“I don’t know what the endgame is here,” he says. “It hasn’t been articulated.”
Endgame? The endgame is WE WIN, THEY LOSE.
Just kidding. The endgame is that the shutdown wears on for awhile, Republicans get fidgety, Trump realizes Schumer’s not going to cave with Pelosi days away from taking over the House, the GOP accepts some fig-leaf concession like $1.6 billion for “fencing” that lets them walk away from this, then righty media blames everything on congressional Republicans for being weak.
Chris Christie: "One of the things I've often said to the president is when you're executing on executive power in government there has to be a strategy that has an endgame … I don't know what the endgame is here. It hasn't been articulated" https://t.co/cFO6zNBjgN #ThisWeek pic.twitter.com/metdDZYA8O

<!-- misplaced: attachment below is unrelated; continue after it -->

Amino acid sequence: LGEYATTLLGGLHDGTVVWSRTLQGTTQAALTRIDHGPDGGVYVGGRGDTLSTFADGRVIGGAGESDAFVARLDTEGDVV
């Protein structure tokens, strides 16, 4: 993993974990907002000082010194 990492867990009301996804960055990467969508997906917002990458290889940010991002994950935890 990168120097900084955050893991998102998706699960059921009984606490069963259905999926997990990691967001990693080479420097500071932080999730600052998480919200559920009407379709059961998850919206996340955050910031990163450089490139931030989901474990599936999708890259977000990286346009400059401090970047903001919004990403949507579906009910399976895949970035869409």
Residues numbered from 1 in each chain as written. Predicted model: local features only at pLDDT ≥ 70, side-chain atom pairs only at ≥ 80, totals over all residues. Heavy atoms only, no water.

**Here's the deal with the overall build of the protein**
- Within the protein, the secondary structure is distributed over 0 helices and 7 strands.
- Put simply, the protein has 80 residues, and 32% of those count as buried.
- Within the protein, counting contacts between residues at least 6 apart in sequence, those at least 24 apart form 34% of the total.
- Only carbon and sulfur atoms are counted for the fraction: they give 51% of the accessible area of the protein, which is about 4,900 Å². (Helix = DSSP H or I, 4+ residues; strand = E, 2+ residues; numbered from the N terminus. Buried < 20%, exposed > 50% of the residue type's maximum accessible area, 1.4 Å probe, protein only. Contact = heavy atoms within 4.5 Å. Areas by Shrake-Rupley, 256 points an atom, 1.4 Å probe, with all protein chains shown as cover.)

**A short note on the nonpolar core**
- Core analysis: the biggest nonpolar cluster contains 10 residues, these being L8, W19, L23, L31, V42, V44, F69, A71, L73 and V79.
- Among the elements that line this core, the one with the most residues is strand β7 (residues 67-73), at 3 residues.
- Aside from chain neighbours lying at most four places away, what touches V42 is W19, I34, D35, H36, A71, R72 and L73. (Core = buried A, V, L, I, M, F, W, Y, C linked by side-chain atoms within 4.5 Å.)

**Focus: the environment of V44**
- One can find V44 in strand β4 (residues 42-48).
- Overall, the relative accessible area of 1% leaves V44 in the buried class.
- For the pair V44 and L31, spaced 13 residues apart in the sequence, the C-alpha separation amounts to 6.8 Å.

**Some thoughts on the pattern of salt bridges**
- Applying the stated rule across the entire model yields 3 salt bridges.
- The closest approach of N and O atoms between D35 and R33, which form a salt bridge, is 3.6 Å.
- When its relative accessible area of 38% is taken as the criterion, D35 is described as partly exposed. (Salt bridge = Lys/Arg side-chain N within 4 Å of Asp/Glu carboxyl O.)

— This Week (@ThisWeekABC) December 23, 2018
The endgame, hopefully, from the White House’s perspective is that Trump gets reelected in 2020. Philip Klein explains:
President Trump, in other words, faced a classic political quandary of having to choose between his party’s base and the general electorate. His decision shows that he’s concluded his best path to re-election runs through appealing to his base. And he’s probably right…
Any window for Mr. Trump to govern from the center has long since closed. Attempting to pivot now will win him no new fans, and it will only alienate his most passionate supporters, depriving him of his biggest political asset just as the 2020 presidential election enters its preliminary stages.
There is no vow that defined Mr. Trump’s campaign more than his promise to build a border wall. If he is going to enter the campaign in the embarrassing position of not having fulfilled that pledge, at the very minimum he’s going to have to show that he exhausted every option at his disposal and fought for the wall tooth and nail. A high-profile government shutdown battle is a way to accomplish that.